Low Flow Shower Delay

When I start up the shower it's the wrong temperature and adjusting it to the right temperature takes longer in this apartment than it has in any home in which I've previously lived. I wanted to blame the problem on the low flow shower head, but I'm having a hard time doing it. My thinking was that the time delay from when I adjust the shower to when I actually feel the change is unusually high due to the shower head's reduced flow rate.

In setting out to measure that delay I first found the flow rate in liters per second for the shower. I did this three times using a bucket and a stopwatch finding the shower filled 1.5 qt in 12 s, or 1.875 gpm, or 0.118 liters per second. A low flow shower head, according to the US EPA's WaterSense program, is under 2.0 gpm, so that's right on target.

That let me know how quickly the "wrong temperature" water leaves the pipe, so next to see how much of it there is. From the hot-cold mixer to the shower head there's 65 inches of nominal 1/2" pipe, which has an inner diameter of 0.545 inches. The volume of a cylinder (I'm ignoring the curve of the shower arm) is just pi times radius squared times length:


Converting to normal units gives 1.3843 centimeters diameter and 165.1 centimeters length, which yeilds 248 cm2, or 0.248 liters, of wrong temperature water to wait through until I get to sample the new mix.

With a flow rate of 0.118 liters per second and 0.248 liters of unpleasant water I should be feeling the new mix in 2.1 seconds. I recognize that time drags when you're being scalded, but it still feels like longer than that.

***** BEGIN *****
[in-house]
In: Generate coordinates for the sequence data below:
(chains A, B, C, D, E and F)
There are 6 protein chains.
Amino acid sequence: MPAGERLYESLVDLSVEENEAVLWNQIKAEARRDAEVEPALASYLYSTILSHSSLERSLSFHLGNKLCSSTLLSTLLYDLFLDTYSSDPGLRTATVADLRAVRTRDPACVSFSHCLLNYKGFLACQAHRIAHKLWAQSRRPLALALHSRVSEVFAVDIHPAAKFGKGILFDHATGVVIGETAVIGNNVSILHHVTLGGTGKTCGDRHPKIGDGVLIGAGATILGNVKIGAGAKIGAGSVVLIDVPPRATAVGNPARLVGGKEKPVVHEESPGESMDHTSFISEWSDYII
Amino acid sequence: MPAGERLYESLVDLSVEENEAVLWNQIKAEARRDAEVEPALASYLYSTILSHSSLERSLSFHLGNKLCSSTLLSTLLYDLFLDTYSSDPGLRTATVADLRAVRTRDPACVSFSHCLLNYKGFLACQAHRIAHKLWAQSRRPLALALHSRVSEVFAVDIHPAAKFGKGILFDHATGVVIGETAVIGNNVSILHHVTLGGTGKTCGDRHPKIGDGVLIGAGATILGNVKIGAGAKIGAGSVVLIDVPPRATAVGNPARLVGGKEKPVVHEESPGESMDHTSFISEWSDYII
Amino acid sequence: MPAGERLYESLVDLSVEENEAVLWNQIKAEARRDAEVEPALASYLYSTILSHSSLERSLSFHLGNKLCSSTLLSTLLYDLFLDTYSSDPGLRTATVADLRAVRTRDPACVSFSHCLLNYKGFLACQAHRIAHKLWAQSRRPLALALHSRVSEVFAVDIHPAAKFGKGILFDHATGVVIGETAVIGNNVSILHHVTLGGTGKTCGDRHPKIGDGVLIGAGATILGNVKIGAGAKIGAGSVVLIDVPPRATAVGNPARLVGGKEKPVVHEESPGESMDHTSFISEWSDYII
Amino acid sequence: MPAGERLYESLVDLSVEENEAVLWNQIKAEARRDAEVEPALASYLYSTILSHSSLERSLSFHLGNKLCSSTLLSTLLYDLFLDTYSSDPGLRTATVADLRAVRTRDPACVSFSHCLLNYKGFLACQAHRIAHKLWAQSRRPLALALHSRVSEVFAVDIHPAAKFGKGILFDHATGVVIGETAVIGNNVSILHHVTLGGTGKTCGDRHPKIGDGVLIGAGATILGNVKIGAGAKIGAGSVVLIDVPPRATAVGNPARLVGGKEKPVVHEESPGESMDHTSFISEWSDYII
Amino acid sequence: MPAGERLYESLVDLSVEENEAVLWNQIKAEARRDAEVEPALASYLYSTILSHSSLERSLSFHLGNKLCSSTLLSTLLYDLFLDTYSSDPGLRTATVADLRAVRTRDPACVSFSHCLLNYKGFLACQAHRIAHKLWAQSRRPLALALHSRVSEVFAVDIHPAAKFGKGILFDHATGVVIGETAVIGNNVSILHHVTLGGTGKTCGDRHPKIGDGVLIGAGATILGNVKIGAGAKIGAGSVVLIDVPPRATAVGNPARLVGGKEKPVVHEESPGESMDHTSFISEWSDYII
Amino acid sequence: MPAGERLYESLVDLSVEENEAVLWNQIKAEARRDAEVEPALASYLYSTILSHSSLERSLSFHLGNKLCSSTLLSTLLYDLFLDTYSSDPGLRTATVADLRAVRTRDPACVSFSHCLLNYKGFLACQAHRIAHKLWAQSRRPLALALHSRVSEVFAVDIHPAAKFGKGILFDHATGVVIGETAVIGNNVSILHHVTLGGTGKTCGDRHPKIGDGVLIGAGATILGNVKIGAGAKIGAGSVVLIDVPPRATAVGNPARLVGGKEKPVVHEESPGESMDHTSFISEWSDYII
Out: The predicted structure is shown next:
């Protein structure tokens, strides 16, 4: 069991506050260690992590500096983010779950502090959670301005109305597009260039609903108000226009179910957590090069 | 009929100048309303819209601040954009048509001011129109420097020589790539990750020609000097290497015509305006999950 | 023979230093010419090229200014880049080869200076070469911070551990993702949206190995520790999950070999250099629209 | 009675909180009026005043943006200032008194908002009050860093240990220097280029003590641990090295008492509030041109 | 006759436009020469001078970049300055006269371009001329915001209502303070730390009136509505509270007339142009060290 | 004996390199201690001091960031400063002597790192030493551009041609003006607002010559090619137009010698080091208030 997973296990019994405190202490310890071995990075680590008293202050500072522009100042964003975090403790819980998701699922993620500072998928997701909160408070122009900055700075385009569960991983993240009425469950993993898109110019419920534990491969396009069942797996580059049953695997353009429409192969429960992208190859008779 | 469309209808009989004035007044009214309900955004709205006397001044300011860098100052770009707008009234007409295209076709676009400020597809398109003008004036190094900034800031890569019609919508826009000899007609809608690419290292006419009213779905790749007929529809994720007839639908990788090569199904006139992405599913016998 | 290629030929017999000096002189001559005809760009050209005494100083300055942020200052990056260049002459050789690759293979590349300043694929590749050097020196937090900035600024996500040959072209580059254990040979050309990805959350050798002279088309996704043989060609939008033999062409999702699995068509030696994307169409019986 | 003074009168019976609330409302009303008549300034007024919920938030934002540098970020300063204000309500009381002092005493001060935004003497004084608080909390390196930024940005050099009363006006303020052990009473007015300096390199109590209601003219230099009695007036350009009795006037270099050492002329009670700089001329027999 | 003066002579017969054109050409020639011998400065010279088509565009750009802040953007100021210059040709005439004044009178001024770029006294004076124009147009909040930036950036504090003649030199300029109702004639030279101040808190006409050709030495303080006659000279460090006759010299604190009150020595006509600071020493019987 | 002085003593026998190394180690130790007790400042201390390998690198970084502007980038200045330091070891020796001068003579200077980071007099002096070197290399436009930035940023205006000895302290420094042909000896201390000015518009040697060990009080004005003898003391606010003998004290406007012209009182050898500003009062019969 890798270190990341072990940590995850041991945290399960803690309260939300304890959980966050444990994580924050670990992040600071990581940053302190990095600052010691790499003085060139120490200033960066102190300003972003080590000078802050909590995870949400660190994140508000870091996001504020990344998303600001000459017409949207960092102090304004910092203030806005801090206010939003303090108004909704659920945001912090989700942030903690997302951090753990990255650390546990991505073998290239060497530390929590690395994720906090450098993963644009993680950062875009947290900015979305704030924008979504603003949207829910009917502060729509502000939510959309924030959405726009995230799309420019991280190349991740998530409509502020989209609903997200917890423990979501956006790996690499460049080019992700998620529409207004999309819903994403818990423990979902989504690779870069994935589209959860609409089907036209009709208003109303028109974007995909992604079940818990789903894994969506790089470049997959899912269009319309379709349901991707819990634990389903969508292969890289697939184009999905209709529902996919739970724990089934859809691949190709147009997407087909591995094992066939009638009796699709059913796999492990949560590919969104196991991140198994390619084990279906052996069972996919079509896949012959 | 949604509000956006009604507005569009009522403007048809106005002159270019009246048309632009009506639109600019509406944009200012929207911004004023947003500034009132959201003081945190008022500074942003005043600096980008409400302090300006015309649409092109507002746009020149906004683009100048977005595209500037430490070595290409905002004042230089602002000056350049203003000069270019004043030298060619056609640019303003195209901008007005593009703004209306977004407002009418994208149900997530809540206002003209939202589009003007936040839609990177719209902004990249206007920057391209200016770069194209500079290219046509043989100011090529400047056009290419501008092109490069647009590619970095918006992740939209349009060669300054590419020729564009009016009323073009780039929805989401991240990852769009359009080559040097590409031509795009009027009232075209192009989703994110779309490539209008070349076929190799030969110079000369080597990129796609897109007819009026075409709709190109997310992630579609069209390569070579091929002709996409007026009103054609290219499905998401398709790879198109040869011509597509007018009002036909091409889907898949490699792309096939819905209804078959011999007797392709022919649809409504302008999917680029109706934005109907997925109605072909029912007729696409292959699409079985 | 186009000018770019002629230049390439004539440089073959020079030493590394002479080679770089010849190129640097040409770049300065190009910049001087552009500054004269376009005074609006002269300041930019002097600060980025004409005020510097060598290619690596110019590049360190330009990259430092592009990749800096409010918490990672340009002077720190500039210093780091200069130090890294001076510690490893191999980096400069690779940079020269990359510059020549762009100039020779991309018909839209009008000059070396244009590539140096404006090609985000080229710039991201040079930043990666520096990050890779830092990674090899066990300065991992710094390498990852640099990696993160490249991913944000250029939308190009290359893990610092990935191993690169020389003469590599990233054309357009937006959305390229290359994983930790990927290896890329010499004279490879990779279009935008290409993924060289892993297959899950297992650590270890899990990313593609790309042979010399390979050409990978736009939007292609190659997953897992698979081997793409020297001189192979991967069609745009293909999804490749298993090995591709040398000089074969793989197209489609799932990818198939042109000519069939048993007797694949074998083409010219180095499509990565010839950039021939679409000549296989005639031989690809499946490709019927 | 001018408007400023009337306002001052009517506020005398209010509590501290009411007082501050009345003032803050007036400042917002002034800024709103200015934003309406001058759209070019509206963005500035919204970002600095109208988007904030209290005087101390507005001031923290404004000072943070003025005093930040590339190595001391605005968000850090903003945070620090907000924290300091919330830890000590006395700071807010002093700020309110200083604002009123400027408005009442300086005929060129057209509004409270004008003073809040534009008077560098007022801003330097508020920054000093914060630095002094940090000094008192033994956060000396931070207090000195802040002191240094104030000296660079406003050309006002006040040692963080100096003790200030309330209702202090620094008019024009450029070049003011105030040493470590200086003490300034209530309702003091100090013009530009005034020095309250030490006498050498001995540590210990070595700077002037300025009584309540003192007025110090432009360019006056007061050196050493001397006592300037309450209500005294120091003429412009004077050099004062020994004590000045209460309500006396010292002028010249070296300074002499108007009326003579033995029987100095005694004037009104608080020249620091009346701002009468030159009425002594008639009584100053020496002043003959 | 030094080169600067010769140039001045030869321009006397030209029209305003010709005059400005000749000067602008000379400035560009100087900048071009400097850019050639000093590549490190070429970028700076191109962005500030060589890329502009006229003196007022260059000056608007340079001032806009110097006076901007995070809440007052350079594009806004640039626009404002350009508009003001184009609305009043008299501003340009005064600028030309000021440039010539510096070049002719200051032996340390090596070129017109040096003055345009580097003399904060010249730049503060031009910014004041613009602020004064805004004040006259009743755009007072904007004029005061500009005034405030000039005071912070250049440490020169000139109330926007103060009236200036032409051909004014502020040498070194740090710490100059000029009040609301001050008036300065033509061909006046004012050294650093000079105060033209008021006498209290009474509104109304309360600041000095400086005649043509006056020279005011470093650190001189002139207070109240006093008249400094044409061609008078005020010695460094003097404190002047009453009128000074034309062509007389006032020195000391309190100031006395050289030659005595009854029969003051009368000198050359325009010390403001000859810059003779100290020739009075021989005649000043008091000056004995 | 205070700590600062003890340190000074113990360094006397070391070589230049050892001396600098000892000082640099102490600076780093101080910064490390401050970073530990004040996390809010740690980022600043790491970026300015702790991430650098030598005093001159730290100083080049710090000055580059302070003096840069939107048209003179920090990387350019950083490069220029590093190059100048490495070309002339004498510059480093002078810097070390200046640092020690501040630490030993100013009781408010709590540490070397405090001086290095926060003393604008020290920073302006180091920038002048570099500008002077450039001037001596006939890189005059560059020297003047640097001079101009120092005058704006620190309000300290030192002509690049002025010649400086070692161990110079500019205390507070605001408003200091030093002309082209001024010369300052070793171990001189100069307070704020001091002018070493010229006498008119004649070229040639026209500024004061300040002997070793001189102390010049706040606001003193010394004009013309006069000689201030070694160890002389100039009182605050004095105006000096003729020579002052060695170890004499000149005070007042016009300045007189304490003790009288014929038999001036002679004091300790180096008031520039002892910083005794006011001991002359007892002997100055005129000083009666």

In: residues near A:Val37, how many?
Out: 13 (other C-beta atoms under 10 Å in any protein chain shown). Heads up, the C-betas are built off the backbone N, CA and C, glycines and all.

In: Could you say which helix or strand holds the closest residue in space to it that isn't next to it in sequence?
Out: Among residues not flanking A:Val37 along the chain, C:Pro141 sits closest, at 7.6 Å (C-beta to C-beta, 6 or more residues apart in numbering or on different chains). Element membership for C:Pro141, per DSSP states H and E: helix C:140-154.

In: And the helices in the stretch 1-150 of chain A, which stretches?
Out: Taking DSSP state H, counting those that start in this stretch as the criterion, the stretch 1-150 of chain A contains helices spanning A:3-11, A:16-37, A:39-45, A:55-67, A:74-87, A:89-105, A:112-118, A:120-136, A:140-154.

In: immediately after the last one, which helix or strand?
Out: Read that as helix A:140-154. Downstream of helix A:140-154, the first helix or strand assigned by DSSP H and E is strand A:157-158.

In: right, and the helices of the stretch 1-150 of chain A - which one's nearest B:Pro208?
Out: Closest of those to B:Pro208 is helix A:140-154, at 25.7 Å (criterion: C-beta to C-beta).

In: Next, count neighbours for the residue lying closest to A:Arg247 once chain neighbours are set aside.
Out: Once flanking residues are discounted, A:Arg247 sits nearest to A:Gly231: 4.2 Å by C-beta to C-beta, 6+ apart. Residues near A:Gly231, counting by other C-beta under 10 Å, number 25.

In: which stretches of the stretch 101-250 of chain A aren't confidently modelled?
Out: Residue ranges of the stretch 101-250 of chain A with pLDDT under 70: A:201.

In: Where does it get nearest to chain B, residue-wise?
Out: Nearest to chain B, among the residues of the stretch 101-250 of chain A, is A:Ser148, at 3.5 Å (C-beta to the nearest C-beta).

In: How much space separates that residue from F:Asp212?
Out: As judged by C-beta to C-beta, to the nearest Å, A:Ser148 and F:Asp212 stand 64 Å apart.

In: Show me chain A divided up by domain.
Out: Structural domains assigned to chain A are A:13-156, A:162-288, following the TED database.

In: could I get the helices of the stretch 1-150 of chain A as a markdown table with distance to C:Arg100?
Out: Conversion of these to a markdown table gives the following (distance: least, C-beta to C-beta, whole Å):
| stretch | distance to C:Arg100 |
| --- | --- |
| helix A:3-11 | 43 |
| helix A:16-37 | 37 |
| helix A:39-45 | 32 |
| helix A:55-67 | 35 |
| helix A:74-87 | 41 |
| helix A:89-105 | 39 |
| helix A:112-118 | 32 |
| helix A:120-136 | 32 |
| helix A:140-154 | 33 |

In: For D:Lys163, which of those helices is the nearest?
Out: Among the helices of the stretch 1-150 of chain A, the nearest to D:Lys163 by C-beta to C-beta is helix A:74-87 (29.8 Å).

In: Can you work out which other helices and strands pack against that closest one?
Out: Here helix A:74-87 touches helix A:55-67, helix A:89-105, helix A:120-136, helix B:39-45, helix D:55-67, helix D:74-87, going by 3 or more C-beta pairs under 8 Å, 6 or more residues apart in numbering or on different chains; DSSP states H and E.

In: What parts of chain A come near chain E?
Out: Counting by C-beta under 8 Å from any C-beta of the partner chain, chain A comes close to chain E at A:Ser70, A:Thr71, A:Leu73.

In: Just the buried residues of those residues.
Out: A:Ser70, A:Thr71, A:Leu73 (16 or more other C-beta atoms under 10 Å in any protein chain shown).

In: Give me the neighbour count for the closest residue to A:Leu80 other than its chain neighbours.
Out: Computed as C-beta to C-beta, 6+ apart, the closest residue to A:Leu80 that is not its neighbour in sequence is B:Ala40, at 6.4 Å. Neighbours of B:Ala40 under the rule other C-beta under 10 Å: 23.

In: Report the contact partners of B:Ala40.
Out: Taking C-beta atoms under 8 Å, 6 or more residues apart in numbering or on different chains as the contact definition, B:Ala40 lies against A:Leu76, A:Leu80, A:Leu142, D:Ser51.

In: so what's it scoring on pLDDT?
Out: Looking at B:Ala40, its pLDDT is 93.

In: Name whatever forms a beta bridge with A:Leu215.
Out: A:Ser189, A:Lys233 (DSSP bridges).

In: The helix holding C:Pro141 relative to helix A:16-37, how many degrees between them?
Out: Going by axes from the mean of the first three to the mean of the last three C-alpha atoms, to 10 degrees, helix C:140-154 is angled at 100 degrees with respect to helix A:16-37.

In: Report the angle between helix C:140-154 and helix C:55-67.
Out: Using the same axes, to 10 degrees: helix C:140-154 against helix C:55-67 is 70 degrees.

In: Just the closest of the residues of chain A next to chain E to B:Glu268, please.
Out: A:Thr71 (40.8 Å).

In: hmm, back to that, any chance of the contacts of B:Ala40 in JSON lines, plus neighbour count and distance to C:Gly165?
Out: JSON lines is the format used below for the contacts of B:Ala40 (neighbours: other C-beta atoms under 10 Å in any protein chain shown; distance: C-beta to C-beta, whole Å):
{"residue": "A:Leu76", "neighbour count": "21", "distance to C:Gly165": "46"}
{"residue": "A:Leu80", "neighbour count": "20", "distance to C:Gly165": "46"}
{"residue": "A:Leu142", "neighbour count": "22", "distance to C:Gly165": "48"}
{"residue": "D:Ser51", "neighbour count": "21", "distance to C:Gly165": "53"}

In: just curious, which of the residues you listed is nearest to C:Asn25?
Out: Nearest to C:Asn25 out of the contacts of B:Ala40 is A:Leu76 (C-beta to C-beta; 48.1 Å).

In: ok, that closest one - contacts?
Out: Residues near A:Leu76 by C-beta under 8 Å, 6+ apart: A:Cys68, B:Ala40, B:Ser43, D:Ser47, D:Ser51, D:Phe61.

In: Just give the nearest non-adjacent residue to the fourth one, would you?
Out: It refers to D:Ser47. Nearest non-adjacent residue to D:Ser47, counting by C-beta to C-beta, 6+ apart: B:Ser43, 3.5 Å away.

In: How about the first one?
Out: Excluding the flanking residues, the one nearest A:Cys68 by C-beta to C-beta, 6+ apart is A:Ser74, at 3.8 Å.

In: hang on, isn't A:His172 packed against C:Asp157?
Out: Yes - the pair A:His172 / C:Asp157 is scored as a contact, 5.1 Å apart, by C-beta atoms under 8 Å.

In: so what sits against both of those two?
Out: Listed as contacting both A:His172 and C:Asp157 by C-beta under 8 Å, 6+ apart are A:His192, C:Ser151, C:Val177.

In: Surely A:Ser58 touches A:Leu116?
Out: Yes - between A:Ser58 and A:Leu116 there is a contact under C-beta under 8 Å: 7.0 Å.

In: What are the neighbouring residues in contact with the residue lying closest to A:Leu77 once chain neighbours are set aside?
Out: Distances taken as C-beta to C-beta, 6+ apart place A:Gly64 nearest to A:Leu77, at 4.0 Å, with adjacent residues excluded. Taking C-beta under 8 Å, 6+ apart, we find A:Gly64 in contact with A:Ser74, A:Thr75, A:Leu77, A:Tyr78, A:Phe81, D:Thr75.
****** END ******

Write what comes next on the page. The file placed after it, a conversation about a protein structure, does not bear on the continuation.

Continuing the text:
I've done some casual reading about linear shift time delays in feedback-based control systems and the oscillating converge they show certainly aligns with the too-hot then too-cold feel of getting this shower right. This graph is swiped from MathWorks and shows a closed loop step response with a 2.5 second delay:

Closed loop step response with 2.5 second delay.

That shows about 40 seconds to finally home-in on the right temperature and doesn't include a failure-prone, over-correcting human. I'm still not convinced the delay is the entirety of the problem, but it does seem to be a contributing factor. Some other factors that may affect perception of how show this shower is to get right are:

  • non-linearity in the mixer
  • water in the shower head itself
  • water already "in flight" having left the head but not yet having hit me

Mercifully, the water temperature is consistent -- once you get it dialed in correctly it stays correct, even though a long shower.

I guess the next step is to get out a thermometer and both try to characterize the linearity of the mixing control and to try to measure rate of change in the temperature as related to the magnitude of the adjustment.

Update: I got a ChemE friend to weigh in with some help.